The HIERATIC initiative represents a collaborative research endeavor spanning three years, spearheaded by the University of Birmingham, Friedrich Schiller University of Jena, Chalmers University of Technology, and the University of Sheffield. This significant project is generously funded by the European Union FP7 programme, operating within the domain of the Dynamics of Multi-Level Complex Systems (DyM-CS) call.
With the primary objective of establishing a new conceptual framework for comprehending complex systems as multi-tier hierarchies of interconnected sub-systems through non-linear decompositions, the HIERATIC project aspires to revolutionize the understanding of intricate systems dynamics.
The project is meticulously structured into three interconnected strands of activity, each essential for the realization of its overarching goals:
Theoretical Work: Leveraging unconventional methodologies rooted in topology and dynamical systems theory, the project endeavors to devise algorithmic strategies for discerning refined “coarse-grainings” of extensive complex systems. These algorithms are poised to facilitate the development of highly efficient simulation and prediction tools, intricately integrated with the renowned MASON and PRISM software libraries.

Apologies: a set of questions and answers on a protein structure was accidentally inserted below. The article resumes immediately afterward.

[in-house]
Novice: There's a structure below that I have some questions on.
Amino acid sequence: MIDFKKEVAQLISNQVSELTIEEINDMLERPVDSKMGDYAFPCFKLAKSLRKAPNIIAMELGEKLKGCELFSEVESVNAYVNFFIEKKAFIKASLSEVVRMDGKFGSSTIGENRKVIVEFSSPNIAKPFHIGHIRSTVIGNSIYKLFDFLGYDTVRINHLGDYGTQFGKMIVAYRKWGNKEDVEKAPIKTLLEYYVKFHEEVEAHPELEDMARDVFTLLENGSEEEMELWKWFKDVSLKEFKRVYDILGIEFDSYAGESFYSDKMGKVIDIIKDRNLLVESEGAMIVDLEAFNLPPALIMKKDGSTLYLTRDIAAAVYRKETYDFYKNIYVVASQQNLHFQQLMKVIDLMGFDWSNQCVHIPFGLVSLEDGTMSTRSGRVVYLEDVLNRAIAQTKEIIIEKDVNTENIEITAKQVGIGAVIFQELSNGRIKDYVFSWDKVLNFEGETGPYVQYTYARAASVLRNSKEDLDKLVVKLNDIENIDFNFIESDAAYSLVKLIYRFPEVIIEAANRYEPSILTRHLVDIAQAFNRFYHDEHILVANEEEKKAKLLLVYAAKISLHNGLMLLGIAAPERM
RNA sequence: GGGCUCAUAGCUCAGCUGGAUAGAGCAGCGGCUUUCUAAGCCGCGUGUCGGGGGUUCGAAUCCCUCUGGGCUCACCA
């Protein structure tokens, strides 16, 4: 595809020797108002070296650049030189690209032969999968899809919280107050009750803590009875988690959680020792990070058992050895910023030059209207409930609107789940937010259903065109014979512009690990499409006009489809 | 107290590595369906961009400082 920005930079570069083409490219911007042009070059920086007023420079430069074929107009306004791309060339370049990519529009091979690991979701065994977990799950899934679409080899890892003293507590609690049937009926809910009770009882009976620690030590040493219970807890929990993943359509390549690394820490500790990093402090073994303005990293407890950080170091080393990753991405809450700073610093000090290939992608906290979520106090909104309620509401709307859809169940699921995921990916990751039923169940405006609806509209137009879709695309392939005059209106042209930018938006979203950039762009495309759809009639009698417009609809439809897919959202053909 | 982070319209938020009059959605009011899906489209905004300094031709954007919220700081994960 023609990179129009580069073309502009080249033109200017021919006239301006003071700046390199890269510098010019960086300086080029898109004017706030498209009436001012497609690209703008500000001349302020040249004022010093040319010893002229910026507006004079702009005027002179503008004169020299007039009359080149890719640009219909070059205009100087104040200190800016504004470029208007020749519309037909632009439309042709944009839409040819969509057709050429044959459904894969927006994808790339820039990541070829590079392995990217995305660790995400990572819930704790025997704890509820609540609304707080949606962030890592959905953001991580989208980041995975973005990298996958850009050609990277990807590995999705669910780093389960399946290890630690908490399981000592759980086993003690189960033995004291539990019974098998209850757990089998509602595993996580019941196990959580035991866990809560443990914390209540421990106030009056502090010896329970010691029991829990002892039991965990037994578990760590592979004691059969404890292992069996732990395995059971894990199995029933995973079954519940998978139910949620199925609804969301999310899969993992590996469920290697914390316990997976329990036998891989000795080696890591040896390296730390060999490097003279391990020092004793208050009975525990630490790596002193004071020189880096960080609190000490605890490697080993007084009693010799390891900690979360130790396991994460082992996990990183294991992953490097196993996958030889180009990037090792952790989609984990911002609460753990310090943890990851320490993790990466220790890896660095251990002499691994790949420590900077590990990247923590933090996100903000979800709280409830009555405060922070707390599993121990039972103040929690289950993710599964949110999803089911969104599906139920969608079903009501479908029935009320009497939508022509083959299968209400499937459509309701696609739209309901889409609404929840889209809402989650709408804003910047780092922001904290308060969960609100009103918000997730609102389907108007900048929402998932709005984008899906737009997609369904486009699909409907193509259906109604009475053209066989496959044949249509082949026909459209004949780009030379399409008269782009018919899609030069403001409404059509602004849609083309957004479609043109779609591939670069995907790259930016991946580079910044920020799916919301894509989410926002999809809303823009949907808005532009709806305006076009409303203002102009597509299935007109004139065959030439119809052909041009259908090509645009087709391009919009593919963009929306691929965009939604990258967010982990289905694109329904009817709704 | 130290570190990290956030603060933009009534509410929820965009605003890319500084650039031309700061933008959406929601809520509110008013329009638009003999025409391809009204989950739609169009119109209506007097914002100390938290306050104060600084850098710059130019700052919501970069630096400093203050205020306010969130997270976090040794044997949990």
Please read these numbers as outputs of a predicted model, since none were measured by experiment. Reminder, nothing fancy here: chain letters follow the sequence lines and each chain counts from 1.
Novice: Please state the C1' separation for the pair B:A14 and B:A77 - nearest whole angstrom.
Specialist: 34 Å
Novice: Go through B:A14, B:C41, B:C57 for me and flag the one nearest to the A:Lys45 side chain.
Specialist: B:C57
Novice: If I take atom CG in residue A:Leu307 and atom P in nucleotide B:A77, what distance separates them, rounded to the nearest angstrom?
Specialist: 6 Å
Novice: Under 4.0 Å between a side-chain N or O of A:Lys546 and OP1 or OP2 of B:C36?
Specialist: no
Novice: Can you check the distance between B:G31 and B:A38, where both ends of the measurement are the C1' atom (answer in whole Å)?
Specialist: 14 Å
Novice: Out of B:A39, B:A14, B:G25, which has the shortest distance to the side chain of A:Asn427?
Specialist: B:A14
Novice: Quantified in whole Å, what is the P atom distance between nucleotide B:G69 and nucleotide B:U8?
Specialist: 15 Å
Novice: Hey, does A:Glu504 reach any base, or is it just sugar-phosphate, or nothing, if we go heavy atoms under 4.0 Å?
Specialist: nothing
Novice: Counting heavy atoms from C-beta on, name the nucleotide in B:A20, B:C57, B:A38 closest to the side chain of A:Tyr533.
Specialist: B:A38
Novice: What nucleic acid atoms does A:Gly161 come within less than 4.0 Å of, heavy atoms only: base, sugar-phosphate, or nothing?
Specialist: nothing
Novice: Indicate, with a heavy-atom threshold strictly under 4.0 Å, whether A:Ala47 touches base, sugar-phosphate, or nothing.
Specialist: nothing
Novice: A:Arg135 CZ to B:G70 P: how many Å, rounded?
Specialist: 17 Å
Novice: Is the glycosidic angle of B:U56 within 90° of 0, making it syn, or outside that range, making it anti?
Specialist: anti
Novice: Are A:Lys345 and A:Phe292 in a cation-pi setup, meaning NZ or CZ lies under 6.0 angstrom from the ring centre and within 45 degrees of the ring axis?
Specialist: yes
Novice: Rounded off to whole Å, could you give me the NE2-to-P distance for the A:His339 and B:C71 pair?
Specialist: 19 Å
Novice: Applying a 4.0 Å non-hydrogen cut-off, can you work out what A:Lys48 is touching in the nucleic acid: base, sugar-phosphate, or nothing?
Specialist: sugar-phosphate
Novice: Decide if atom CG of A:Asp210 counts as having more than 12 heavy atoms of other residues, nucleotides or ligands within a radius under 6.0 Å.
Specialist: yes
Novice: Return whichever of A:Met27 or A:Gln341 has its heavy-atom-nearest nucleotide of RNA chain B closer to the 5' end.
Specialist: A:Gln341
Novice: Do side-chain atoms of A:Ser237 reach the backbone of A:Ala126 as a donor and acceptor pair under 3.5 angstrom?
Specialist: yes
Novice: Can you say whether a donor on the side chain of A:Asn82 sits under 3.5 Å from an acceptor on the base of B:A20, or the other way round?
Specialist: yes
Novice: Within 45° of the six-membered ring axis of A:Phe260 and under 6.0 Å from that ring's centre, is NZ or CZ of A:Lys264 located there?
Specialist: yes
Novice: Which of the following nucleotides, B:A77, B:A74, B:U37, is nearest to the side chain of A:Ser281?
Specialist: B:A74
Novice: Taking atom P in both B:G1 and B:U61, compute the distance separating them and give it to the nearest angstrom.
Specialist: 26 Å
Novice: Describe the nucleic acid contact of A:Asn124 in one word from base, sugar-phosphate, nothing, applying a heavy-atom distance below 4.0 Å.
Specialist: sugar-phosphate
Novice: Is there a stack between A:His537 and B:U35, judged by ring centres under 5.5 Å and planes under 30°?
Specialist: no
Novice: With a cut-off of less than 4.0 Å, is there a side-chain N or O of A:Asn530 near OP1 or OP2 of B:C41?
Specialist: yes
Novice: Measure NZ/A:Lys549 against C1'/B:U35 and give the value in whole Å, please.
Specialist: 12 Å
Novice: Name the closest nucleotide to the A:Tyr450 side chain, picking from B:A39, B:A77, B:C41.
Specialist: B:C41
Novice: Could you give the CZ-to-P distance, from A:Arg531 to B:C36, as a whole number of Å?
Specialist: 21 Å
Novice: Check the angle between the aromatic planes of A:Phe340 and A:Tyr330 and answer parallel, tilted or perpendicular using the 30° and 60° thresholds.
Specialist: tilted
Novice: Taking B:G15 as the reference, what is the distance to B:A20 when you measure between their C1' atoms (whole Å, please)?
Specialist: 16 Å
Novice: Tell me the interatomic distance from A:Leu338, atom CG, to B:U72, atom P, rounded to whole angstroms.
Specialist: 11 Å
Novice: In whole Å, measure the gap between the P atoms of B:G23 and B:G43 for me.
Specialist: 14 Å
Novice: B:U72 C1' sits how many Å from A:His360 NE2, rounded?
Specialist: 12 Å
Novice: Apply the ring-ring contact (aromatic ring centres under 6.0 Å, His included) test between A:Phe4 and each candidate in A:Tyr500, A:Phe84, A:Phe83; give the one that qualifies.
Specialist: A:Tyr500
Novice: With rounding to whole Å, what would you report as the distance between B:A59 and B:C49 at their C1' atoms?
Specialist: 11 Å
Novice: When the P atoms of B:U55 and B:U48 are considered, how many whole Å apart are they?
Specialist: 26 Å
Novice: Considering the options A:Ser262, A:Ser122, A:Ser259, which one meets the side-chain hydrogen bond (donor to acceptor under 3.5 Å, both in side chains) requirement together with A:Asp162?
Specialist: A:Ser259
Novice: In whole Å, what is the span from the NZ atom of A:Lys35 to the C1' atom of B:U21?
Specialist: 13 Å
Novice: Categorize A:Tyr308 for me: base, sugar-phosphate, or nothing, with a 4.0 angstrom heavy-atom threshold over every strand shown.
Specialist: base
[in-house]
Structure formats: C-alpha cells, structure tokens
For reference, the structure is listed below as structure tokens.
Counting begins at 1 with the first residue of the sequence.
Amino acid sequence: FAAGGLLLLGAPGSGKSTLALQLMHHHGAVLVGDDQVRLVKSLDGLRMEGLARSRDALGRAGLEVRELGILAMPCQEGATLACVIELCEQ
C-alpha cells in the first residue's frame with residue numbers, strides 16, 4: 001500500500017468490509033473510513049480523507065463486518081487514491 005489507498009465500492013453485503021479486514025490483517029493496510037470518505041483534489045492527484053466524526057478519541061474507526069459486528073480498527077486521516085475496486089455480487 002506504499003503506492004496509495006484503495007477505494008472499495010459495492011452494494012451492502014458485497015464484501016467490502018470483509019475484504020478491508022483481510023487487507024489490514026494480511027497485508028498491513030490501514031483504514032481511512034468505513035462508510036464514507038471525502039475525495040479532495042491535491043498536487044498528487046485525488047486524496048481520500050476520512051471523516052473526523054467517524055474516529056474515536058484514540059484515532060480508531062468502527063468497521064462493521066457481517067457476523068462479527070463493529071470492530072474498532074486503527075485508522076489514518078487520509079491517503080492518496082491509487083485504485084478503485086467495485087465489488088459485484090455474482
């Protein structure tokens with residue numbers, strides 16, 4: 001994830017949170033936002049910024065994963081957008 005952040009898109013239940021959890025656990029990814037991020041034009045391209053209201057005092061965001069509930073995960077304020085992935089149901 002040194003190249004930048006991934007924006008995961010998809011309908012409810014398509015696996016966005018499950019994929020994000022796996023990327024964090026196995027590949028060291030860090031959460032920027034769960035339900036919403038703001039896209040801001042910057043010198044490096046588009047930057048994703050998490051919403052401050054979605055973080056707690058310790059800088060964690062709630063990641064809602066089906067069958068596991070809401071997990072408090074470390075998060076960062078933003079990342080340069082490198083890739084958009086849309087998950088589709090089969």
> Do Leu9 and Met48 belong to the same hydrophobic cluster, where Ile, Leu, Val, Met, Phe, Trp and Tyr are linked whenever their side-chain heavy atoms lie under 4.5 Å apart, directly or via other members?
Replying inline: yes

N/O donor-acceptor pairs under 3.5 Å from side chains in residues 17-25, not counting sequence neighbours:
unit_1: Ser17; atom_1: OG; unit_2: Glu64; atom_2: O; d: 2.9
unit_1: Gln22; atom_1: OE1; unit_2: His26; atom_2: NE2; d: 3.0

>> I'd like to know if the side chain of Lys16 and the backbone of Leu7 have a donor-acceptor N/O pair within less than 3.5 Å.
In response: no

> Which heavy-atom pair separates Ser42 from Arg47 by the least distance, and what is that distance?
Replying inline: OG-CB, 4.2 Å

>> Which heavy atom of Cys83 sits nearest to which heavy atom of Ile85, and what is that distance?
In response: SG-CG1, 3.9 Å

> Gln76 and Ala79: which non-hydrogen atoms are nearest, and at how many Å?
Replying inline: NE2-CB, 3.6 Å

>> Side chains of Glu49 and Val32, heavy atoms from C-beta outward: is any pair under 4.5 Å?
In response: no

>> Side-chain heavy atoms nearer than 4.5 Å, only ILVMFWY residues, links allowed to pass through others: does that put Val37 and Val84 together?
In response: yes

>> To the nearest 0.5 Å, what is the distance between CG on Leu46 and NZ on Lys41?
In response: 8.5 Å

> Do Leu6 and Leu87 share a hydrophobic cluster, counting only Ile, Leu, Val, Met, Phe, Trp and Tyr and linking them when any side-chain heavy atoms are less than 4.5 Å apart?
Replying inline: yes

Software Development: Concurrently, the project encompasses the development of sophisticated, multi-scale simulation and prediction libraries. This phase is dedicated to the creation of efficient software that can effectively manage and represent the intricacies of complex system dynamics at various levels of granularity.
Demonstrators: Central to the HIERATIC project’s mission are the illustrative demonstrators, showcasing the practical application of the derived techniques in diverse spheres. The project’s application will be validated through the analysis of extensive empirical datasets, encompassing a diverse array of domains such as network dynamics, cell cycle simulations, and social interactions within animal communities.
This collaborative effort serves as a dynamic convergence point for esteemed researchers specializing in complex systems theory, biosystems, multi-agent simulation, and experimental ecology, hailing from various institutions across the European Union and the United States. This collaboration embodies a pivotal step towards fostering a deeper understanding of the intricacies of complex systems dynamics and their practical implications across various disciplines.